I found this lecture which talked about “growth” within for-profit organizations.
While it’s not wholly relevant to us in OpenMRS, one idea in particular stuck with me. He refers to this notion of a “north star”, or a metric that an organization can focus upon in order to organize large groups of participants towards a growth goal. This part of the talk begins at the 11 minute mark.
For example, Facebook’s “north star” is growth of #'s of active users (vs. # of users).
Whatsapp’s “north star” is number of sent messages.
I’d like to have a conversation at some point about what OpenMRS’ “north star” should be? I have a number of thoughts on this, but would love to have a larger conversation about it.
I’ve always used the term ‘farstar’ (taken from Arthur Hailey’s Wheels) instead of north star
Its a bit hard to translate our aspirations to one star, because we have two areas of interest - increasing community developers and increasing implementations.
How about, “the growth of active communicators per month/quarter”? this is similar to facebook’s, plus the “new persons” can be anyone - experts, n00bs, implementers, etc. etc.
We grow the community to provide the necessary support & development to serve our customers. If our base of customers shrinks, the community can not be growing.
Therefore, IMHO, we need to do all we can to have a good number that represents active OpenMRS installations, or even better, active number of patients served with our tools.
Not sure how we’d measure it reliably, but number of lives saved/improved would be the ultimate metric. While we want to enable developers and implementers, in the end it’s about helping patients.
Seems that number of patients served by our software might be the closest we can get … ?
Thanks to @burke, @chris, @janflowers, @pascal, and @jthomas for your thoughts on the call today regarding the “north star”.
To briefly summarize what I heard from you all:
- having tangible ways to measure our progress as a community is a good thing
- the spirit behind the community’s alignment towards a single metric is good, but will be challenging for a whole host of reasons and might not recognize and inspire the more discrete participatory activities we want to see
- perhaps having a series of process metrics combined into an overall measure?
- these could be included in our “annual report” idea
North Stars we talked about:
of successful implementations
of lives saved
of patient records supported by OpenMRS
of community members
Everyone thought that the idea was relevant and useful to what we’re doing with OpenMRS, and that I should continue to bring it up for conversation.
Will continue to do so, and would appreciate thoughts from folks in this thread, in the meantime,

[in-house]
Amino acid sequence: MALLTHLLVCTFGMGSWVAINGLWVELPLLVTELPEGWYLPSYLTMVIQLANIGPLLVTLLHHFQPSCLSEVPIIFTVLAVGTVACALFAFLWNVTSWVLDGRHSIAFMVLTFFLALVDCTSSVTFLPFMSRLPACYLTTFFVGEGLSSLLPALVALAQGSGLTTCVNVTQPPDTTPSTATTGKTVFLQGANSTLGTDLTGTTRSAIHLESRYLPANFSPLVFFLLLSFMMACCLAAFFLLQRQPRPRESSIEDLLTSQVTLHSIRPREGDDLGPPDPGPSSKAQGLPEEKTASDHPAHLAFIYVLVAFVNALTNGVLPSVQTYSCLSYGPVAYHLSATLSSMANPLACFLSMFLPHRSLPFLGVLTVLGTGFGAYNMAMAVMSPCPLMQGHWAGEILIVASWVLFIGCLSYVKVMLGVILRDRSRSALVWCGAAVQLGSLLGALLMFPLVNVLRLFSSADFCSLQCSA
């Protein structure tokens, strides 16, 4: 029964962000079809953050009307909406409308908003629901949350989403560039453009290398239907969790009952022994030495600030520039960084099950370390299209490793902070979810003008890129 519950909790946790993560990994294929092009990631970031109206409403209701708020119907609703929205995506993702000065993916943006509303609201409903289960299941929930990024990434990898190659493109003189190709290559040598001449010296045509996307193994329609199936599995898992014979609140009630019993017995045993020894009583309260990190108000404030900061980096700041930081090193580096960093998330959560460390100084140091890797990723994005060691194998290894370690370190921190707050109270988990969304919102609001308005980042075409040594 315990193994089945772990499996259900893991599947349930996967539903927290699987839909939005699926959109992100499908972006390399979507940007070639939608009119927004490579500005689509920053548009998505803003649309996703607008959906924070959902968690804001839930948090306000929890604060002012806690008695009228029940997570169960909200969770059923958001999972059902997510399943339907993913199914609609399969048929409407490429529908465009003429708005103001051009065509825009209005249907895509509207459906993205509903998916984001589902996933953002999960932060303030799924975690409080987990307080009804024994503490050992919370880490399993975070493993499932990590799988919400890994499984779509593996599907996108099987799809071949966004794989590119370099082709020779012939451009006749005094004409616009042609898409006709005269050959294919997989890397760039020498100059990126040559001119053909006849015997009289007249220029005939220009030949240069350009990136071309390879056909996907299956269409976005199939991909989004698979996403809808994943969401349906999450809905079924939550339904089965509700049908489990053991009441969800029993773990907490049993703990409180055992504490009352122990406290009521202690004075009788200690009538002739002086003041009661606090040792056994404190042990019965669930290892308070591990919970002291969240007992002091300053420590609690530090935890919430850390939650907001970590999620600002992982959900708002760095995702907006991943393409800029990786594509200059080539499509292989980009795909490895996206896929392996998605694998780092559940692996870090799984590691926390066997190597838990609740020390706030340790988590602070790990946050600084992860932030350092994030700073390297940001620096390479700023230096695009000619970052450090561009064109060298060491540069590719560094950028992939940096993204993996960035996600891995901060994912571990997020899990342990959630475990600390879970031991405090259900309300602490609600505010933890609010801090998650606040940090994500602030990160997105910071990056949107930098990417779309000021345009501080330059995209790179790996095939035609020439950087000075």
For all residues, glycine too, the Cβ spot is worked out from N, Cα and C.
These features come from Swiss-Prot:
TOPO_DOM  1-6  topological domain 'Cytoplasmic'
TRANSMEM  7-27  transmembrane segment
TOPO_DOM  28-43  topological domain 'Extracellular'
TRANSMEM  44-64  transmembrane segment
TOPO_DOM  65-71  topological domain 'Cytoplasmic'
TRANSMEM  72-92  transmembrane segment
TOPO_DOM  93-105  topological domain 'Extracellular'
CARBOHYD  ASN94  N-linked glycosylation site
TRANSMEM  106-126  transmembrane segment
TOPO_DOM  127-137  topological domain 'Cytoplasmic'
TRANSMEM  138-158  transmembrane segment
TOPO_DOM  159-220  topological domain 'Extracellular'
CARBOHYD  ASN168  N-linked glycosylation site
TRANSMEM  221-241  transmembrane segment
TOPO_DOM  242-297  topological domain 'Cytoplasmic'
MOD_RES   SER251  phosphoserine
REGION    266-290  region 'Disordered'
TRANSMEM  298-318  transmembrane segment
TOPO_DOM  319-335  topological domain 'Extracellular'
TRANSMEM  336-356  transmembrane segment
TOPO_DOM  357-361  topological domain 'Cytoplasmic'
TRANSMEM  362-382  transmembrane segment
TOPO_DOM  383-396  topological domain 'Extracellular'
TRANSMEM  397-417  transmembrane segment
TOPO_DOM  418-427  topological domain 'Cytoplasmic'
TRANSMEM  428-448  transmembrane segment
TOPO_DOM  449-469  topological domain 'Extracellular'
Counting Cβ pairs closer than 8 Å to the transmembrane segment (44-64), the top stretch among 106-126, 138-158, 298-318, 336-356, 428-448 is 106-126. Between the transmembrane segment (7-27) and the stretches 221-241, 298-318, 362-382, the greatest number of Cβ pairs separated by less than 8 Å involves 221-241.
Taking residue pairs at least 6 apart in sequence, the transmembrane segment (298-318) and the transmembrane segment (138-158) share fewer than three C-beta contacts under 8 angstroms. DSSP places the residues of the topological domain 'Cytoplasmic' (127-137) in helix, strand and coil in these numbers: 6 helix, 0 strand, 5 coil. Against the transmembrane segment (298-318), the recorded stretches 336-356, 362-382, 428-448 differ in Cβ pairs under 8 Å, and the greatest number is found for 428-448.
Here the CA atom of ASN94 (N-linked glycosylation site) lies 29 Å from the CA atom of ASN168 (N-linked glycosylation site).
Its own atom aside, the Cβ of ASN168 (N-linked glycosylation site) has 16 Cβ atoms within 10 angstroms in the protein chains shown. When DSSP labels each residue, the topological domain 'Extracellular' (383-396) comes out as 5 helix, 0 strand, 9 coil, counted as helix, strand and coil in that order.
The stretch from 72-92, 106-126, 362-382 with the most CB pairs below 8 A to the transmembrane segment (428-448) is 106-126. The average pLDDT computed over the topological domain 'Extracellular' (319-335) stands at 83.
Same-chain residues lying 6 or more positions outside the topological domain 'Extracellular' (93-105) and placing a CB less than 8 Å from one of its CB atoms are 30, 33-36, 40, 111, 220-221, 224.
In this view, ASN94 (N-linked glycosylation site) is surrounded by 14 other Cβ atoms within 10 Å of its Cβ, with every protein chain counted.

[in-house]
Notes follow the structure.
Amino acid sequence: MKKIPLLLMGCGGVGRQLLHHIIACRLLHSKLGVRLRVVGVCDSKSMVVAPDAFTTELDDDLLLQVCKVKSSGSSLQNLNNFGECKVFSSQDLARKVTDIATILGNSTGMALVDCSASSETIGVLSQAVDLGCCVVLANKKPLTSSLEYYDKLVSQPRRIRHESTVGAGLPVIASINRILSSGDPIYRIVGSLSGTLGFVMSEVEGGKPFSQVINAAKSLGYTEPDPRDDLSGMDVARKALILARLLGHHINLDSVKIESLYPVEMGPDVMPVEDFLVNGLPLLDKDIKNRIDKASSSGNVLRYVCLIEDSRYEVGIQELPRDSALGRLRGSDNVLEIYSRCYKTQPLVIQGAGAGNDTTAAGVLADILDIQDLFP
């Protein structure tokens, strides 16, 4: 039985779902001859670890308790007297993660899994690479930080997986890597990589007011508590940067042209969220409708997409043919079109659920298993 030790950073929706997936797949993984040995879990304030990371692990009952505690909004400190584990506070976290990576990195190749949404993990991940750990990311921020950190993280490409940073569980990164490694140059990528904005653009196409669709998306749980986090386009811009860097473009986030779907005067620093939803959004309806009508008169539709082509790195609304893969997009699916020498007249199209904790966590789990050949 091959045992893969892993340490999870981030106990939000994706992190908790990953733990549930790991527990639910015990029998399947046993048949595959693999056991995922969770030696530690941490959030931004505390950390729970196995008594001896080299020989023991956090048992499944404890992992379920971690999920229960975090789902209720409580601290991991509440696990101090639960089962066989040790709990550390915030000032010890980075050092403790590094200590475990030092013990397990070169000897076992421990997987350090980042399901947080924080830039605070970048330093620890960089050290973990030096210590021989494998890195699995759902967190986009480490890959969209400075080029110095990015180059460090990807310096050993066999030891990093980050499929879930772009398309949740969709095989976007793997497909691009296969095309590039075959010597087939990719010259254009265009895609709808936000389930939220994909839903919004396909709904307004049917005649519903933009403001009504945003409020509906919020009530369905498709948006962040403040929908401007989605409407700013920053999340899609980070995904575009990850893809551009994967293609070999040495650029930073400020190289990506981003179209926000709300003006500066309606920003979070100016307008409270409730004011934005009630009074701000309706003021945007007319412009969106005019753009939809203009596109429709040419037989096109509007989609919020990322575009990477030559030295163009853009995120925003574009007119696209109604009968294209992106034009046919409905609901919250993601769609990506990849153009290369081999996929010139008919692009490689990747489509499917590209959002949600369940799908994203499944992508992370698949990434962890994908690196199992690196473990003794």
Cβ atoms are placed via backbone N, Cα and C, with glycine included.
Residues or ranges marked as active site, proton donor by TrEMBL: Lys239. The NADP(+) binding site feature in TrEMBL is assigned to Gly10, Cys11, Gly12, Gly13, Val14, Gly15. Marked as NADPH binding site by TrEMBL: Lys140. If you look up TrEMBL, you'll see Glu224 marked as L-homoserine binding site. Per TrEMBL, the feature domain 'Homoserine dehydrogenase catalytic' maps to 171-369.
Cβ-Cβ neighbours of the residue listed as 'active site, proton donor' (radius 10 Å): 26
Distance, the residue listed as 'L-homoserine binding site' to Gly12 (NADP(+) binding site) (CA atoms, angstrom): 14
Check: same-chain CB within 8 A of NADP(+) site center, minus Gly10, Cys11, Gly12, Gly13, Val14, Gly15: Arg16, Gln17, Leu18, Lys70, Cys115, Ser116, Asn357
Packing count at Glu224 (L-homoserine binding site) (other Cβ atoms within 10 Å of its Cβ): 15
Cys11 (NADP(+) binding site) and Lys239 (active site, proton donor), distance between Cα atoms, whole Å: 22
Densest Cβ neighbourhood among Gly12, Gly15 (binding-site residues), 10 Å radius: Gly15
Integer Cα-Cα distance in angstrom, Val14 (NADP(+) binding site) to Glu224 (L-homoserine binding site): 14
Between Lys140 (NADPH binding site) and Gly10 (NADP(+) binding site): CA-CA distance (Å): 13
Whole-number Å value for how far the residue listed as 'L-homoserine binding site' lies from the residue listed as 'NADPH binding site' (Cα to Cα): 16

This is a very interesting conversation - the things you measure become the things you optimize.
Interesting that FB and What’s App have a single metric
In the end, I think our single metric should be “# of effective implementations” where effective means that the system is used.
To be used it has to deliver value (value to the provider? to the health care organization? to reporting/funders/surveillance uses? to the patient? doesn’t matter - but it has to deliver value sufficient that it is used.
Used could be measured in turn by # patient records, or # patient records accessed according to some pattern (HIV records accessed q 60 days, or primary care records accessed q year, or something like that).
If it delivers value, then it will be supported. If it is supported, then it will attract community members - commercial or not - who will support it’s use.
So, for me, effective use (dare I say “meaningful use”) is the primary metric. And since our “unit of implementation” is typically the clinic, I’d say “# clinics using OpenMRS effectively” is the core metric
I realize I was a bit ambiguous – by implementations I mean individual clinics. I don’t think networks should count as one implementation, even if the server is centrally hosted. To me, the metric is “places where patients walk in the front door and OpenMRS is being effectively used”
Note that that metric would drive us to go after larger clinic networks, if our goal was to optimize. That might not be a bad thing, though, in terms of impact and value.
Last night as I responded to this post, I too thought about #of lives saved as a metric. The reason that I didn’t suggest that was because there are many other factors that affect health outcome. Having the most strongly supported OpenMRS instance is the world is not going to help you if the clinicians are messing up, or not using it as they should… on the other hand, # of patient records served is more realistic?